And learned loads of lessons on this adventure to Legoland and Autism Show London.
Yes, we had meltdowns…two on the trains and a half of one at Legoland.
What has shocked me a bit is…how long it is taking PanKwake to recover. She still is not there yet. I was up and down with her most of the night. I have spent close to £100 on iPad games and Robux since we came back. And chased gnats/flies around her room at 3 a.m.
In short, the least little thing will set her off.
Because with Pathological Demand Avoidance, you must constantly switch things up…do things differently…and realize that what worked yesterday may not today, a markedly different strategy from other types of autism, I had not truly appreciated just how important ‘routine’ still was.
Though PanKwake would fight against strict structures such as those ‘normal’ bedtime routines proposed a couple of months ago by her pediatrician, I had not realized how things as simple as her own bed, knowing her way around Swansea, and just having her things around her were to her a routine of sorts.
Of course, I knew that the trains and the transition at the end of Legoland could be triggers. Other than walking in her buggy or a roller coaster, there is no other form of transport that works for PanKwake. To make matters worse, she had not been on a train since we moved up here almost a year ago.
So it was no surprise that she had a meltdown within half an hour of departing Swansea. It was not a very violent one though. More like an irritating mantra of ‘I’m bored’ that lasted for twenty minutes to half an hour before she fell asleep. After an hour nap, she woke like nothing had happened. Happy as Larry as my Brit friends would say. She made the rest of the train journey…another 45 minutes to Reading and then another train for almost an hour…without an incident.
And Legoland? Well, how many neurotypical children meltdown after a long day of fun? Especially when it comes to getting that one last thing they wanted…in PanKwake’s case a balloon I had promised her but forgotten. A huge Thank You to Nick the Balloon Man for taking me all the way back to get her one. It made all the difference. She held onto that thing for the next two days and it is still hanging around. Oh, and I watched plenty of parents ‘melting down’ by that point too.
As for the train ride home…she did sooooooooooooooooo well…until the last half an hour to 45 minutes. The train was running late. Gave us NO updates so I could not even tell her how much longer it would be. And was filling up with drunks on a Saturday night.
Thanks to the wonderful man who sat behind us for helping to distract her with questions about her YouTube channel…and pounding the dust out of the seats.
And to the nice gentleman across the aisle who endured the whole trip from London with Little Miss Chatterbox…without a single comment.
And to the gentlemen behind him…one of whom was giving his friend a running commentary on how PanKwake was not being naughty, how she could not handle the situation, and on how I was doing everything I could in the situation. I truly appreciate that you took the time to accurately educate others.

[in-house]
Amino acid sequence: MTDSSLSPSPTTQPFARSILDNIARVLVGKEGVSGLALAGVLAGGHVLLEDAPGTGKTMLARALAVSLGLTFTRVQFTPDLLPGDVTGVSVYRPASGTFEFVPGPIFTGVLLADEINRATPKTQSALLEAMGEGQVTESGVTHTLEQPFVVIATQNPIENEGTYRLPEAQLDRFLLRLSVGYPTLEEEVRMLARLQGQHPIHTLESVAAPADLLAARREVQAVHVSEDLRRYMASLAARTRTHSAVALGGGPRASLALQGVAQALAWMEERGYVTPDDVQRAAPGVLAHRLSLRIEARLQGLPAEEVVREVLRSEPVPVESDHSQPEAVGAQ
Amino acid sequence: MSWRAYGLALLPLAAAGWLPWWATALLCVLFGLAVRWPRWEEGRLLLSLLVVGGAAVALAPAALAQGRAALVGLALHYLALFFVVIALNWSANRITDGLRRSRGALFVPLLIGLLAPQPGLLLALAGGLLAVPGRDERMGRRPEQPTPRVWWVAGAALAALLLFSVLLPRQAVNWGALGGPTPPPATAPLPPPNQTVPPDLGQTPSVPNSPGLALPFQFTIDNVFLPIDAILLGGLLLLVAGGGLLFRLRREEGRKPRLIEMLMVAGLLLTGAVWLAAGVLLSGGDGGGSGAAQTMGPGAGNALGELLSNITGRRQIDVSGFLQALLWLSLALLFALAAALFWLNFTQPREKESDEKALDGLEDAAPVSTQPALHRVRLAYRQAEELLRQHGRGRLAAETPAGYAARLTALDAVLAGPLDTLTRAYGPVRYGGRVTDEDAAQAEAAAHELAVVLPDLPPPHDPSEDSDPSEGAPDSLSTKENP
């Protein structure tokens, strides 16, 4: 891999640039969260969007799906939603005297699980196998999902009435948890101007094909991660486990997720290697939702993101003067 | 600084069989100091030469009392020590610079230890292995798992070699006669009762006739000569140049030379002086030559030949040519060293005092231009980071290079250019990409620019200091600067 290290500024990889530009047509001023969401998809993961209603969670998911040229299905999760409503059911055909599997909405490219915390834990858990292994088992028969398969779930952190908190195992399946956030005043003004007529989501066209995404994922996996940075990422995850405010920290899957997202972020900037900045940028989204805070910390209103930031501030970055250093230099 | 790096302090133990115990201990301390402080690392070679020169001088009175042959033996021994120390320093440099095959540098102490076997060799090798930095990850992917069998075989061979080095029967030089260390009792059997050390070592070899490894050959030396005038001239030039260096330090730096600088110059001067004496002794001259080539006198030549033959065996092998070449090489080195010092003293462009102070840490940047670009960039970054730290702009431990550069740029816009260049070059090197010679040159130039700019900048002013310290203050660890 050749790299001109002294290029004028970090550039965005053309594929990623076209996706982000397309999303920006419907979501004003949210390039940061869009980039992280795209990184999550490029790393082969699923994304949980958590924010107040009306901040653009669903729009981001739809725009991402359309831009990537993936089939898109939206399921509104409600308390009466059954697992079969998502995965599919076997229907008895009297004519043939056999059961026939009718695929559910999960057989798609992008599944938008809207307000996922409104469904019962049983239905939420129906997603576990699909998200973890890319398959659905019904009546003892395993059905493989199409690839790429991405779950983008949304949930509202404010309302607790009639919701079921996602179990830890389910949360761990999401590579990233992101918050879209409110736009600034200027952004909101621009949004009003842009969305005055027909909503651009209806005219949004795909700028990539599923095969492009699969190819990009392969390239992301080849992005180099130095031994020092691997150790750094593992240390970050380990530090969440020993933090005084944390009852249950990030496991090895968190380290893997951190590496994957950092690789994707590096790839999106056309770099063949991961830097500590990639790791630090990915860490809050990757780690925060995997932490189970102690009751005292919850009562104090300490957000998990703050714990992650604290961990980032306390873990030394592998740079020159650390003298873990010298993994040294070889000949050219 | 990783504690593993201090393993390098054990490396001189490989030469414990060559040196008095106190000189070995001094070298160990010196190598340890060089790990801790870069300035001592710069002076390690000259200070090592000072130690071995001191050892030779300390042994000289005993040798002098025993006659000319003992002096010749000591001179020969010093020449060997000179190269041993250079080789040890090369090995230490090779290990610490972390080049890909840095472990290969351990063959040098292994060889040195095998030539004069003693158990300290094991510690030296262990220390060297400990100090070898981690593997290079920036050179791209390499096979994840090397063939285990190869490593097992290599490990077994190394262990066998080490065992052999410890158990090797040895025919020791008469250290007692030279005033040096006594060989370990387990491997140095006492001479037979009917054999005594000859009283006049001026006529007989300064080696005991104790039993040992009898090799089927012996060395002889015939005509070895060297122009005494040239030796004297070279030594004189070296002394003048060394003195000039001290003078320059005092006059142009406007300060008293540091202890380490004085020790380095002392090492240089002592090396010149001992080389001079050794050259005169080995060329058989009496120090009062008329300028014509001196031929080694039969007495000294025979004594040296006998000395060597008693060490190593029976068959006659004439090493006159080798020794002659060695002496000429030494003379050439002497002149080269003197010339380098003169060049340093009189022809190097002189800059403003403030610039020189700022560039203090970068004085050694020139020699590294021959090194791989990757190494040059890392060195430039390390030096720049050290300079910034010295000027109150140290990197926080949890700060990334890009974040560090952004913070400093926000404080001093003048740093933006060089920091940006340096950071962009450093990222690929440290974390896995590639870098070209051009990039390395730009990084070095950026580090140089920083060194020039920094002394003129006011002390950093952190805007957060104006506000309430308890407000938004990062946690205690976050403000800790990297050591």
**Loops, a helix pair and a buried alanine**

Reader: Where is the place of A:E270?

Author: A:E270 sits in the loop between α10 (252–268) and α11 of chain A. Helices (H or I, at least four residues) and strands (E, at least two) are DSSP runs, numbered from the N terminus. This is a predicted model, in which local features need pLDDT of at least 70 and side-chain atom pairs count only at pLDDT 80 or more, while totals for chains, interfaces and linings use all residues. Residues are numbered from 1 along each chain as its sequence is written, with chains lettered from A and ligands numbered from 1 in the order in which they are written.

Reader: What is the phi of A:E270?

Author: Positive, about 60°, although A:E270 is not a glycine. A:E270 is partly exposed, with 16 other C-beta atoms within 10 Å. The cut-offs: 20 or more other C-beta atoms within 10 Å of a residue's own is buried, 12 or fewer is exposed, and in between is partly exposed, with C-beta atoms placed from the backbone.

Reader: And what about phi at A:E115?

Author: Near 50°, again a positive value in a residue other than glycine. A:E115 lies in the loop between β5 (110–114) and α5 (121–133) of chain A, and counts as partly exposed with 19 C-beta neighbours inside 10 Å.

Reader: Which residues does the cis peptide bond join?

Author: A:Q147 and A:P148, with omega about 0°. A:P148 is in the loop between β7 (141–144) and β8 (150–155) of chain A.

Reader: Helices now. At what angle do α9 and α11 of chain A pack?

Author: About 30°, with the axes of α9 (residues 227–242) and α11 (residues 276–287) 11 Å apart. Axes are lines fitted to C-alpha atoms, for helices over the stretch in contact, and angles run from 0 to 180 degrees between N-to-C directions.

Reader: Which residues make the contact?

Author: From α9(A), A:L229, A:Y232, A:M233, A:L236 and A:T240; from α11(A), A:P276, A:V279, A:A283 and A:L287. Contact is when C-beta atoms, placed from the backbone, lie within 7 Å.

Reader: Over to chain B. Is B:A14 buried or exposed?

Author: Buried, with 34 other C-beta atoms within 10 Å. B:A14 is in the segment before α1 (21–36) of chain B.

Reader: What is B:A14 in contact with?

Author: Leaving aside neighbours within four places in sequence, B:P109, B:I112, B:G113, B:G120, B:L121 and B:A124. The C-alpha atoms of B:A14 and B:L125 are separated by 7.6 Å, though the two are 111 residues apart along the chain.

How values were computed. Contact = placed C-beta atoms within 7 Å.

But yes, Mama Bear did have to rear her nasty head to the drunk who shouted out for PanKwake to sit down and shut up. But I think my response nailed it…
She is autistic. She does not have a choice. You are drunk. You did!
He shut up after that. Though Cookie Monster says he was about to show his stupidity again until his girlfriend gave him…one of THOSE looks.
Overall, I think we did pretty well. But more importantly we learned some lessons. Like don’t go a year without getting on a train…
I have not been a big fan of behavioral therapies that force the child out of their comfort zone. And I still am NOT. At the same time, when I was clinically depressed Cognitive Behavioral Therapy was much more effective than psychotherapy. Tiny steps to push yourself can in the long run make a huge difference.
What I am against though is the non-consensual nature of most therapies used with autistic children. Parents, schools and ‘experts’ forcing their definition of ‘normal’ on a little human without their understanding or consent. Just making them do it.
I won’t go down that route. Instead PanKwake, Cookie Monster and I will discuss it. Then set small goals with huge rewards at the end.
Our first opportunity is less than a week away. Our wonderful #homeed group is going to another, closer theme park. Folly Farm is only an hour by train from us…and then a short car ride or taxi. PanKwake insists that she WANTS to do it. After all this place has all her favs…a farm, a zoo, adventure playgrounds and a faire. How cool is that?
You see while I may be expanding out of our comfort zone, my guiding principal is the same…
Not forcing PanKwake to do what I or anyone else wants…
But enabling her to do and be what she wants!
Then again that is what ALL children deserve even neurotypical ones.
Tomorrow we will talk about the surprising lesson of Autism Show.
Leave a Reply